Kenyatta wins disputed Kenya elections with 98.2 percent
Kenyan President Uhuru Kenyatta was on Monday declared victor of the country’s deeply divisive elections, taking 98 percent of the ballots cast in a poll boycotted by his rival Raila Odinga, sparking fears of further violence in flashpoint opposition strongholds.
Despite his crushing win, the turnout of just 38.8 percent among 19.6 million registered voters is set to raise questions about the credibility of an election that has plunged East Africa’s most stable democracy into its worst crisis in a decade.
Independent Electoral and Boundaries Commission (IEBC) chairman Wafula Chebukati said Kenyatta had received 7,483,895 votes to Odinga’s 73,228 — less than one percent of votes cast — in a sign the boycott had held.
A total of 7,616,217 cast ballots in Thursday’s protest-hit election.
The vote was the chaotic climax of two months of political drama after the Supreme Court overturned Kenyatta’s victory in August 8 polls over widespread irregularities and mismanagement by the IEBC.
Violent protests, the murder of an IEBC official and the resignation of another who fled the country condemning a flawed process, have seen the country lurch from crisis to crisis during the election period.
Chebukati — who just before the election had called into doubt its credibility due to internal IEBC divisions and political interference — said he was confident the poll had been “free, fair and credible”.
Ahead of the announcement, security was stepped up in flashpoint areas in the west, in Nairobi’s Mathare slum and its central business district, and also in the coastal city of Mombasa, a senior police source told AFP.
Shortly after the results were announced, demonstrators began burning tyres in the western city of Kisumu as well as in Nairobi’s Kibera slum, AFP correspondents said.
While calm has reigned for the past 48 hours in the restive west of the country and some flashpoint Nairobi slums, the announcement is expect to fuel further anger and protests.
At least nine people have died since election day, many shot by police according to rights groups, taking the death toll since the first presidential election on August 8 to 49.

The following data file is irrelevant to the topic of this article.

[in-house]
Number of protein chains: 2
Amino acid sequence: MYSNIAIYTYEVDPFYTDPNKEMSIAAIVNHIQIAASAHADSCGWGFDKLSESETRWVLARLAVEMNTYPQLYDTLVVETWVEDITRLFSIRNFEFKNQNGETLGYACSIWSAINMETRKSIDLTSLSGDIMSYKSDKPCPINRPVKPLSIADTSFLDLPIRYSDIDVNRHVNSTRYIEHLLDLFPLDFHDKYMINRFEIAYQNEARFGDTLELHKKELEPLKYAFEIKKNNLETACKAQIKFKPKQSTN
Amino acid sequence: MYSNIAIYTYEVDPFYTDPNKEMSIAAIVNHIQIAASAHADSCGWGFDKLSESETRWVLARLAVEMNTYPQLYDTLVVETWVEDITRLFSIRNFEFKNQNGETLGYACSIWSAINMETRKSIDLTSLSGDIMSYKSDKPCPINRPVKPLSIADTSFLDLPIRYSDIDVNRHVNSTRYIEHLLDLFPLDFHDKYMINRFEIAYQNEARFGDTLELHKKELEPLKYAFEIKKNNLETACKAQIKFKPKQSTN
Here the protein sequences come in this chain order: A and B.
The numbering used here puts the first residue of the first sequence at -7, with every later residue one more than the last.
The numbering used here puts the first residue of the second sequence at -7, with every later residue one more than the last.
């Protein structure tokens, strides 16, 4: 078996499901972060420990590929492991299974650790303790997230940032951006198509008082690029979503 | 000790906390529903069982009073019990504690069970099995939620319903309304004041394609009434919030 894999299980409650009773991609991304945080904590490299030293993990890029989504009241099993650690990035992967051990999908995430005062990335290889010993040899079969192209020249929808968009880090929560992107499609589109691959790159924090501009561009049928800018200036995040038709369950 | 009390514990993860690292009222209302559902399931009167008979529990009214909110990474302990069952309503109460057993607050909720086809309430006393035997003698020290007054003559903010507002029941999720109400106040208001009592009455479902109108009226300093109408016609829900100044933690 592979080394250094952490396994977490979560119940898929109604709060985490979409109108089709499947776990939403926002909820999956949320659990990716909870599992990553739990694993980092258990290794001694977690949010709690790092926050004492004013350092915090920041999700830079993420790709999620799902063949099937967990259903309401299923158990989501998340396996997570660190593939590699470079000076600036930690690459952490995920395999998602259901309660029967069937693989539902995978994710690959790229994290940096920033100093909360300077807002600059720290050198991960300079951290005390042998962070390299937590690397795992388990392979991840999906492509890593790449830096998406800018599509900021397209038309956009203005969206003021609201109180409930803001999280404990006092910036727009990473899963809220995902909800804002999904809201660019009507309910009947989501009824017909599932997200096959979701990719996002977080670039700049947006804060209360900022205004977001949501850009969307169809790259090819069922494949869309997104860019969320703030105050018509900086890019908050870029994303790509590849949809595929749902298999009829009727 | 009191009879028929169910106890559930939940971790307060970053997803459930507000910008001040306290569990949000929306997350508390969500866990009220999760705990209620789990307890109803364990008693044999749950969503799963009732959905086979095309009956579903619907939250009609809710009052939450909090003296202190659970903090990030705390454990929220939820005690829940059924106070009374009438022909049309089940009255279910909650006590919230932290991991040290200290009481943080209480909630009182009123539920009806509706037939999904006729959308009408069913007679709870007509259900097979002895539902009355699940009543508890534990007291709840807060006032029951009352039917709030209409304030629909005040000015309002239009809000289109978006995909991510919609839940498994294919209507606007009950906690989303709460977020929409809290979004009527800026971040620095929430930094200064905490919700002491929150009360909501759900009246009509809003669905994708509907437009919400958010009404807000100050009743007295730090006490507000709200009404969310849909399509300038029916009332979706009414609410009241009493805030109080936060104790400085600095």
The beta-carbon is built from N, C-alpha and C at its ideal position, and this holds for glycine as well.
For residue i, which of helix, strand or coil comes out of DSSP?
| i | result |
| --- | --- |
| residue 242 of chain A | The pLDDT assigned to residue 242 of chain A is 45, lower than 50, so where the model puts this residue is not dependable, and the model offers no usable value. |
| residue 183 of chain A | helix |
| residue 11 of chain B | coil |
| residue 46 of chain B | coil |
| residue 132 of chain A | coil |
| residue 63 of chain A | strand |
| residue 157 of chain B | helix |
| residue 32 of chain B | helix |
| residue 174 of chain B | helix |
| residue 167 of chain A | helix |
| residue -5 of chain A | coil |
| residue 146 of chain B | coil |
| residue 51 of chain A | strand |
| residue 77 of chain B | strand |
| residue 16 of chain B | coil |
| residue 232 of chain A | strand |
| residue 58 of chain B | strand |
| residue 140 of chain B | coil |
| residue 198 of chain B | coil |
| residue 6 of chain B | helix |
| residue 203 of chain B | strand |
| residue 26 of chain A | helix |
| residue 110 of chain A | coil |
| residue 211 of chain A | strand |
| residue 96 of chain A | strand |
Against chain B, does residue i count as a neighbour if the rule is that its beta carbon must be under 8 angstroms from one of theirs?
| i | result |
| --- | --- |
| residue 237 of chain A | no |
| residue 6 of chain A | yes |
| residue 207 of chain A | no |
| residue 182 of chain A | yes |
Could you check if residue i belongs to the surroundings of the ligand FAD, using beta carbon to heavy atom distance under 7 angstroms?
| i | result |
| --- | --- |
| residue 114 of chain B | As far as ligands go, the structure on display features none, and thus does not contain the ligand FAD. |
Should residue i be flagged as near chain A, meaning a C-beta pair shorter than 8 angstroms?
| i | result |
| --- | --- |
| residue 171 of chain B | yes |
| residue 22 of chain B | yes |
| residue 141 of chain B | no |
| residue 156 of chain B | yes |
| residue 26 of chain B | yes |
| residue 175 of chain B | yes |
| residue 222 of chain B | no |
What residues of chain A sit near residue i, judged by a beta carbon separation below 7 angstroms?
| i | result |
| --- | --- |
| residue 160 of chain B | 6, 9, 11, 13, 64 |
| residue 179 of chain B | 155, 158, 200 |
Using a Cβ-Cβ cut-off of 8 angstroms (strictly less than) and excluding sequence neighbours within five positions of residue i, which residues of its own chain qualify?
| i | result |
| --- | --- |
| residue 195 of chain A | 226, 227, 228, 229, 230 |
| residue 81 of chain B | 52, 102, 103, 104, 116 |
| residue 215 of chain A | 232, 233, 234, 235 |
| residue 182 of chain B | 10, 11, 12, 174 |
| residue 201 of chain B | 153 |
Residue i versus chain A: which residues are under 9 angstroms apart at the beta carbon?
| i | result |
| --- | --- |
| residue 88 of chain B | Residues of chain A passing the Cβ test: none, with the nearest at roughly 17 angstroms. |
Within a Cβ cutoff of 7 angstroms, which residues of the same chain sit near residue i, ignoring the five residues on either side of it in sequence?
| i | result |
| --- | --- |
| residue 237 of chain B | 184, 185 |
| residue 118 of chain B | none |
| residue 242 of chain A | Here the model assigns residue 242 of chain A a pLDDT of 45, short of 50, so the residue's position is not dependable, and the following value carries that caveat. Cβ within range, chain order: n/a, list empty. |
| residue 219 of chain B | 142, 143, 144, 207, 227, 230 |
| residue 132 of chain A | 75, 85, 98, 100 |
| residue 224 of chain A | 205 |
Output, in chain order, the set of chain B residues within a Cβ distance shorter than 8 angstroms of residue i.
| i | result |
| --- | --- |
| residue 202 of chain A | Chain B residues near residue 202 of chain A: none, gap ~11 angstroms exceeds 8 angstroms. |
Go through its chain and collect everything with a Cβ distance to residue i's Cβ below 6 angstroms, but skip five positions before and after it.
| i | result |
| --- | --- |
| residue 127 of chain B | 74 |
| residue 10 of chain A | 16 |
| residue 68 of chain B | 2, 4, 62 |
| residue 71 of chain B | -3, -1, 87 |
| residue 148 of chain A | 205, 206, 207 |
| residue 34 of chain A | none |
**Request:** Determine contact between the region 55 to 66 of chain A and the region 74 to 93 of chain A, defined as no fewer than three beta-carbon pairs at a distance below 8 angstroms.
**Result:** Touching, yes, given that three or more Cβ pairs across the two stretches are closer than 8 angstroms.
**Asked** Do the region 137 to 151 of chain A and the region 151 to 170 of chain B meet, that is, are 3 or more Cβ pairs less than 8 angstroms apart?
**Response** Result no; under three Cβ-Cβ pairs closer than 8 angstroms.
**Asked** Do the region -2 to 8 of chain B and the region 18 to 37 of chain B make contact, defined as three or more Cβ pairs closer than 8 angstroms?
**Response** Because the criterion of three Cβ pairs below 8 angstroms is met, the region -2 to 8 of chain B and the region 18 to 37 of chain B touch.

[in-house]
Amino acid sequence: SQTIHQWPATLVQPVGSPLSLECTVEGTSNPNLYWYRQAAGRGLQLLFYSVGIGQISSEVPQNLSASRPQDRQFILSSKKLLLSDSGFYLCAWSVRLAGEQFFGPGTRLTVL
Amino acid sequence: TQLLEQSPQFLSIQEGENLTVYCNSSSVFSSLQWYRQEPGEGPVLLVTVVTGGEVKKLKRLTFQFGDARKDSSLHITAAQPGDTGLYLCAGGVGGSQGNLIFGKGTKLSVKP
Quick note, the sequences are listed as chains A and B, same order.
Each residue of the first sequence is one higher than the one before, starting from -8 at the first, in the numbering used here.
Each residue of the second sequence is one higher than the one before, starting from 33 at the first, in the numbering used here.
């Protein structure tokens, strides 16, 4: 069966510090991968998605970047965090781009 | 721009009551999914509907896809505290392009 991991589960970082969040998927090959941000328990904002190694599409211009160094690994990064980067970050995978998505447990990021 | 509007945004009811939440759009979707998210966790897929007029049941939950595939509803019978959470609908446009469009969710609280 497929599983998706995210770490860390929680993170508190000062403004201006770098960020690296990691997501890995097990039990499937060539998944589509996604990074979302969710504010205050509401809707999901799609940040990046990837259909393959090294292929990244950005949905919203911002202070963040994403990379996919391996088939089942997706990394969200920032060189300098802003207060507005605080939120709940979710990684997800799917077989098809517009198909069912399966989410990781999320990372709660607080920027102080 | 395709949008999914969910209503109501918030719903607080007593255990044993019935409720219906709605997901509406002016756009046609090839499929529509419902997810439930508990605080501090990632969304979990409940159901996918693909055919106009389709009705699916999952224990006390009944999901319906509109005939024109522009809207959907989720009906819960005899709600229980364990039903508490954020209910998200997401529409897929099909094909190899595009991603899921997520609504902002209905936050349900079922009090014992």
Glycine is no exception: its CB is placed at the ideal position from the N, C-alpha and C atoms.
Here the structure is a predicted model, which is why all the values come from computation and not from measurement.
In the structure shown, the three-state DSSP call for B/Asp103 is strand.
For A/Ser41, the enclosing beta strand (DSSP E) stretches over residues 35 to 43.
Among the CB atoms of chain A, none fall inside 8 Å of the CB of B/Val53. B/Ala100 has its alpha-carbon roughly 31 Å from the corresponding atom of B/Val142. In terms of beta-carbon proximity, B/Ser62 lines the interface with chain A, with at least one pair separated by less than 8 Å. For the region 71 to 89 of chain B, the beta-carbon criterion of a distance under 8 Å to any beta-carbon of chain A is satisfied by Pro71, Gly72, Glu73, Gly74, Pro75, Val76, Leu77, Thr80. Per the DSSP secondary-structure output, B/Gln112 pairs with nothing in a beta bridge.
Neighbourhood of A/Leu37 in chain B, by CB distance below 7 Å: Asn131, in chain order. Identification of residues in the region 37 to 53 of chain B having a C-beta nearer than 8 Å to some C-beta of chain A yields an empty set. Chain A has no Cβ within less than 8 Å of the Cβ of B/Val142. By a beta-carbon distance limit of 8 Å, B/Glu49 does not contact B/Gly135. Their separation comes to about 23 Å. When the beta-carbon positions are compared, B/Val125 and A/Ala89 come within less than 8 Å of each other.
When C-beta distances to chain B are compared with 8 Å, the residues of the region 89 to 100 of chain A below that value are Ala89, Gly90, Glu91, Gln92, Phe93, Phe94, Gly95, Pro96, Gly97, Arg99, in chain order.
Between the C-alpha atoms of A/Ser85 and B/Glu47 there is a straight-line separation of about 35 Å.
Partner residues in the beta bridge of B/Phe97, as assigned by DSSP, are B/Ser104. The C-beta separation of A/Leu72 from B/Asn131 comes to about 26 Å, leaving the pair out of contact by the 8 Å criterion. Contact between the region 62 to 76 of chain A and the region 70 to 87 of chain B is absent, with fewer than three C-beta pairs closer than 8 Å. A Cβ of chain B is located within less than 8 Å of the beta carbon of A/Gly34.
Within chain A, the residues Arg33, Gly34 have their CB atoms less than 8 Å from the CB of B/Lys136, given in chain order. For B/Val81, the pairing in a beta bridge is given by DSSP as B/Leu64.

Odinga refused to take part in the re-run, accusing the IEBC of failing to make sufficient reforms to ensure it would not be flawed.
He called on his voters to stay away on election day. But in the west, many blocked polling stations, leading to violent clashes with police.
Plans to restage the vote in the western regions on Saturday were quickly called off after a second day of protests, over fears for the safety of polling staff.
And Chebukati decided Monday to abandon plans to reschedule the vote in 25 violence-hit constituencies where voting could not take place, estimating these would not affect the outcome.
Calls for calm
US Ambassador Robert Godec expressed concern over the recent clashes and called for “calm in the coming days”.
“Leaders and politicians should clearly and publicly reject violence and work to keep the peace, and make every effort to ensure their supporters do so as well,” he said in a statement. “We are deeply concerned by reports of excessive use of force by the police.”
His words were echoed by Britain’s Minister for Africa Rory Stewart who said he was “deeply concerned” the recent violence. “I urge security forces to exercise maximum restraint and call on protestors who are exercising their constitutional rights to do so peacefully,” he said in a statement.
While the Supreme Court ruling was hailed as a chance to deepen democracy, the acrimonious bickering between Odinga and Kenyatta — whose fathers were rivals before them — has sharply divided a country where politics is already polarised along tribal lines.
The current political crisis is the worst since a 2007 vote sparked months of politically-driven ethnic violence that left 1,100 people dead.
While the dynamics of 2017’s political crisis are very different, the memory of the bloodshed a decade ago is never far away.
On Sunday, Odinga continued to demand a new election within 90 days, vowing to stage a campaign of “civil disobedience”.
Despite pulling out, Odinga’s name was left on ballot papers.
This means he could again petition the Supreme Court to challenge the election, and observers fear further legal battles that will extend the uncertainty that has already hit east Africa’s richest economy hard.
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